This held us up a bit and we were late away from Deloraine, As a result we did not make it to Mt Field National Park and instead set up at Bothwell. Also a bit of luck because as we found out the next day it bucketed down at Mt Field. A lot calmer at Bothwell though where we had a couple of good nights hidden behind the information centre. Still rained a bit but a few sunny patches.
Bothwell’s main claim to fame is that it was established in the 1820’s by a group of Scottish emigrants. One of these family’s established the Ratho Golf course in 1822. It is the oldest recognised course in the Southern Hemisphere. A round of golf is $15. The course layout is apparently much the same as it was in the 1820s. A feature of the greens is that they are surrounded by fences to keep farm animals out and a gate to let the golfers in to sink the putts. Allthego put some time in on the tricky 9th green.
Down at Mt Field NP it just rained and rained and there were torrents of water coming over the Russell Falls. Umbrella’s took away most of the direct wetness, but it just filled the air.
Lucky we hadn’t reached here to camp.
We have moved on and now at Huonville for a few days.
We are now at Deloraine and have been camped here beside the Meander River for 3 nights. Its a great little spot not far from town with plenty of room to spread out.
Yesterday, we tripped around a few of the sights in the region including Liffey Falls. These are reached after a bit of a stroll and then down some moderately steep steps, going back a bit tough. But we made it!
In getting around you travel through the most green pastures and rolling hills broken by small streams and creeks. Sheep and cattle, dairy and beef, are plentiful. Spring lamb is everywhere, We enjoyed a couple of lamb chops on the weber for dinner.
In passing we have been able to call into a cheese establishment, Ashgroves which has a tasting bar. Tasting bars are really worthwhile as one can see, smell and taste what it’s all about. As a consequence a number of cheeses were purchased for later on, including a ‘Wicked’ Camembert. And it was. A rather large Tassie Devil was also spotted along the road somewhere on our travels. Also dropped into a raspberry place which had these rather nice chocolate dipped raspberries, just great with some muscat from Baileys!
Today we awoke to an unimpressive bleak sky with rain! Yesterday it was a very much clear sky and sunshine, what a change! We hit the road anyway to Lake St Clair to also see the Wall in the Wilderness. This is a very impressive sculpture which will ultimately stretch in two 50 meter long rows. It documents in Huon Pine carved wall panels various aspects of life in the SW Region of Tasmania over the last 150 years. Greg Duncan is the sculptor and when asked said he would be finished in two years or so. This would be something to go back and see. Lake St Clair was shrouded in fog and rain and it was cold too! We didn’t stay here long and headed back to Deloraine.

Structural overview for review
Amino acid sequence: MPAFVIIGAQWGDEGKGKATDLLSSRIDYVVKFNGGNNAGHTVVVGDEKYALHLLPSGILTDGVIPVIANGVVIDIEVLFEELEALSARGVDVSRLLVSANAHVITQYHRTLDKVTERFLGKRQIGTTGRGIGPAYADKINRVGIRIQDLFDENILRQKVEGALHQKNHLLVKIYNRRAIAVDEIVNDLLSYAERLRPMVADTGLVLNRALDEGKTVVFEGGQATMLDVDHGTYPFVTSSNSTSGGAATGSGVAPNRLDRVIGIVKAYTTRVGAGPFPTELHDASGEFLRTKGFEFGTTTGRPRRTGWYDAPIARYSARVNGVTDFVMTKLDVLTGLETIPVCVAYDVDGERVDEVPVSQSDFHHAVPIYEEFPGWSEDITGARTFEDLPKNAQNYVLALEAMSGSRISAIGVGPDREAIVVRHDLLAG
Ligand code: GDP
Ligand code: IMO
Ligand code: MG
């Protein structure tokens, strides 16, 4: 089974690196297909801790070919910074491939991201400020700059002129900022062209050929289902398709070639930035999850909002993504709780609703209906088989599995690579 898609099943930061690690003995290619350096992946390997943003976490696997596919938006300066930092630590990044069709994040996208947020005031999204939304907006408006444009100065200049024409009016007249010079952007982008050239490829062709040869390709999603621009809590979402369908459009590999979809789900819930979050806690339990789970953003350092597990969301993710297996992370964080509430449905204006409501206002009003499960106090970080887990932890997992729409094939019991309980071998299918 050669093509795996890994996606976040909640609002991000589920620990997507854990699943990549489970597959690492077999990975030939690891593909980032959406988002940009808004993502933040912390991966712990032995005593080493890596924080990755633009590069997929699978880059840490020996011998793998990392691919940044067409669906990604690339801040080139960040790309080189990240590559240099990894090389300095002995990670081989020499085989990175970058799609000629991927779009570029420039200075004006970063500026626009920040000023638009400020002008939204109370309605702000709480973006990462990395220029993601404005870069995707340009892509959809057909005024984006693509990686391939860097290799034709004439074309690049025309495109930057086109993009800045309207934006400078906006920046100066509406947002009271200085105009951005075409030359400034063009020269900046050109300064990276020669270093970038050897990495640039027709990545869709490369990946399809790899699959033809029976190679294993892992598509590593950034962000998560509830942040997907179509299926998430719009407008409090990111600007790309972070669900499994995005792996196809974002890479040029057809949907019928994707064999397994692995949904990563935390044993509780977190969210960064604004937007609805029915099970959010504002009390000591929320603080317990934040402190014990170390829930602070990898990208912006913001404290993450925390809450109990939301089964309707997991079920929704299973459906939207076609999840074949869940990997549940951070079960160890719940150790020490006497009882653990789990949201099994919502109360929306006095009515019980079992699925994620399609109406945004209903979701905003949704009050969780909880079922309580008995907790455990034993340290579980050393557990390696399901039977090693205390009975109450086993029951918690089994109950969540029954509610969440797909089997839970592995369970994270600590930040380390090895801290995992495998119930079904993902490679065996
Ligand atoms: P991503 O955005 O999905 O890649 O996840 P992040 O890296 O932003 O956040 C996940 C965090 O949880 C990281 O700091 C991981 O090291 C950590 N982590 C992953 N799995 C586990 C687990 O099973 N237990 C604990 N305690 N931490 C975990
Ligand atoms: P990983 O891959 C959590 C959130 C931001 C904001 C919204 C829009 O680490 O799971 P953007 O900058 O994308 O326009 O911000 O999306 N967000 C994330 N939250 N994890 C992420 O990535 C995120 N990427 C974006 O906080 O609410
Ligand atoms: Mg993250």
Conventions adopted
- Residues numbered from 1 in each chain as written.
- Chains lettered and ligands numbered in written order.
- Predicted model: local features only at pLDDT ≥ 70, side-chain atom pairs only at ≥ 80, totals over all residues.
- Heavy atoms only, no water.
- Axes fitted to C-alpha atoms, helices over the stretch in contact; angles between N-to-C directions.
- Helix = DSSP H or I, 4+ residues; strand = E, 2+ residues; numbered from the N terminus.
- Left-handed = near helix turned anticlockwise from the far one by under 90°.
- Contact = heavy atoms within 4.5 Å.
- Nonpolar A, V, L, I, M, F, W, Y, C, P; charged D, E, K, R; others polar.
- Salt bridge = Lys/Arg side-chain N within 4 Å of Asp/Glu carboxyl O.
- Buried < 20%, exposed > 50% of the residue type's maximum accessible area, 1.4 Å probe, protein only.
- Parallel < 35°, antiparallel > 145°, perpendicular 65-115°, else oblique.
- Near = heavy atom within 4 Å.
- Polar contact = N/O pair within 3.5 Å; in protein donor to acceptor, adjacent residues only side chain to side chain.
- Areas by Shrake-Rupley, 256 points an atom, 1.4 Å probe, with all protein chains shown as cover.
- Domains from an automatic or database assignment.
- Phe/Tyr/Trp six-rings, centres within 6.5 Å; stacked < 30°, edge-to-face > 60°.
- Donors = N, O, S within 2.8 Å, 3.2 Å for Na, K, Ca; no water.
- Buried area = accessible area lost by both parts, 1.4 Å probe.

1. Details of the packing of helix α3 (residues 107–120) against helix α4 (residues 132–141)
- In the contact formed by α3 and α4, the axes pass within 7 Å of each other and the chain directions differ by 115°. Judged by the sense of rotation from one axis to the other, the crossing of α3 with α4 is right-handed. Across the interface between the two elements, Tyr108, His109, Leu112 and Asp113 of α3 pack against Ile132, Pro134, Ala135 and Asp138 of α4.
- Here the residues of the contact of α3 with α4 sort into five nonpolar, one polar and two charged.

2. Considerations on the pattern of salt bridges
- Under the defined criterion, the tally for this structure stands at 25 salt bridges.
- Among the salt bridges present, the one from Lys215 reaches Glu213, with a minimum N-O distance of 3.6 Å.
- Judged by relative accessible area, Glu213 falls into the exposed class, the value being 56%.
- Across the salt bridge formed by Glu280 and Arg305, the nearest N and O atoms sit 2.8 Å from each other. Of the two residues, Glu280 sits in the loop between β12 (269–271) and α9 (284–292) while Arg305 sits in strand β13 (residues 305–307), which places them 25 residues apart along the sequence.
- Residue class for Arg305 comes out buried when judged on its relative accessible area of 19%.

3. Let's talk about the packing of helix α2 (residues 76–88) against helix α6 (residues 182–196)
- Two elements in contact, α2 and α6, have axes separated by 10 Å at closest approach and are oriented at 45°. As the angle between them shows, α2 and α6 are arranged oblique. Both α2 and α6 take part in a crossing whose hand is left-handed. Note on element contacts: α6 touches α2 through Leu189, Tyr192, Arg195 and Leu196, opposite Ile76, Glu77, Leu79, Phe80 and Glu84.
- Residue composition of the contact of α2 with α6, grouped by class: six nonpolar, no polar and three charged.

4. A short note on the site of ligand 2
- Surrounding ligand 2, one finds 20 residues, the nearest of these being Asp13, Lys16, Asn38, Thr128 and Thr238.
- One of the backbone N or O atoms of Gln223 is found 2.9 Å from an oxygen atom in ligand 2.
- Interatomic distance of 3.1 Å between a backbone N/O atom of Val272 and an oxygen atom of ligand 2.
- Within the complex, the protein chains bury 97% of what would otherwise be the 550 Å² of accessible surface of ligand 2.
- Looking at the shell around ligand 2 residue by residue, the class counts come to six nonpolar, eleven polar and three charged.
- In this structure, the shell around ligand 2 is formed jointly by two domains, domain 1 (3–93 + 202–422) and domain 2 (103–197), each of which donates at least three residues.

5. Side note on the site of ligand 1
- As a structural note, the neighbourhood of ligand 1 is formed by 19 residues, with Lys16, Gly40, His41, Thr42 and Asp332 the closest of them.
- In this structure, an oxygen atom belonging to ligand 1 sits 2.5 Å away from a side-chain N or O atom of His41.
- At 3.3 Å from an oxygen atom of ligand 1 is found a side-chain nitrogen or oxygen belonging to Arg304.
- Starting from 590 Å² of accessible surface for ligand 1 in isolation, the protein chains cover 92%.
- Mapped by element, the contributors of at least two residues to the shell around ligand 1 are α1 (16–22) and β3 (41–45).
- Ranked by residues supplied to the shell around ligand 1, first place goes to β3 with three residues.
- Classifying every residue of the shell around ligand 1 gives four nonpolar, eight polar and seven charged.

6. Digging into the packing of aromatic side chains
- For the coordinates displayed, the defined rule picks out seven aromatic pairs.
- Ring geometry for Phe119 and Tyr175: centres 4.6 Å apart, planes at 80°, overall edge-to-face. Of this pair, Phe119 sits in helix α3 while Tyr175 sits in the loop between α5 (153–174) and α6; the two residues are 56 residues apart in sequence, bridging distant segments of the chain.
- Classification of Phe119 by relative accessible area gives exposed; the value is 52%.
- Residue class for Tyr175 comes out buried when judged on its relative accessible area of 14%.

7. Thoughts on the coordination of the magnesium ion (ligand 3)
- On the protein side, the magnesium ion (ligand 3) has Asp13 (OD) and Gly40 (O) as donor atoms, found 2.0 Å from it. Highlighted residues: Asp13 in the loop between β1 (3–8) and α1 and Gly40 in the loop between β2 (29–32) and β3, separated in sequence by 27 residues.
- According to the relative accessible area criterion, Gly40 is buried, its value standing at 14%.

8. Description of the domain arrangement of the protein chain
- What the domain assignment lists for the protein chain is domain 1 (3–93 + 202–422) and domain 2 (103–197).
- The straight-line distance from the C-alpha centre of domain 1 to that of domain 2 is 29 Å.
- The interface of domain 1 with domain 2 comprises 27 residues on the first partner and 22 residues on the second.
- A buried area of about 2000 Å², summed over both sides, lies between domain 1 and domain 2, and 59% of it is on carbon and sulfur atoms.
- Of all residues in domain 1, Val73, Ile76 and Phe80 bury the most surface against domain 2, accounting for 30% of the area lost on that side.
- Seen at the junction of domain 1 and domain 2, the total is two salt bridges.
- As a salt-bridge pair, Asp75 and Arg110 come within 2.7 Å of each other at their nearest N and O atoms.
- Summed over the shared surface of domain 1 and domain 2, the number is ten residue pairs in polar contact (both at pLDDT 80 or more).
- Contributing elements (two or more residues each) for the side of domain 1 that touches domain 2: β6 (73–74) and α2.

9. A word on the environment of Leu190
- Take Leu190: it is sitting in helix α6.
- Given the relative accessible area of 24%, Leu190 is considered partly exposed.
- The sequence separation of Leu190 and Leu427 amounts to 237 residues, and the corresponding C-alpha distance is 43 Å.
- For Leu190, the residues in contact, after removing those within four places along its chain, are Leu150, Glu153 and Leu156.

Tomorrow we head south for Mount Field National Park.
Last night at the Nut
This is our last night at the Nut. We have been here at Stanley and surrounds for 3 days taking in the sights. When we arrived from Strahan the rain stopped, the wind died and it got a bit warmer. The sun came out a bit and there was blue sky. Mostly overcast though.
Have been out and about checking out Highfield House, an ‘outpost’ of Britain in NW Tasmania , built by convicts in the 1820s and now being conserved (not restored). Some great stories on this property none the least being that the wife of the administrator of the property gave birth to 15 children, from the mid 1820s, All, apart from one who died at 3 from a farm accident, seem to have survived well into childhood. From here we went onto the Stanley Seaquarium for a look at all things aquatic…..fish , lobsters, sharks, eels ,crabs etc and bits of stuff that have been washed up on the beaches down here. Interesting place. From here we were onto the Seal sight-seeing adventure just offshore. Lashed out later that night at the fish and chip shop with an absolutely fresh rock lobster, done Mornay. Just great.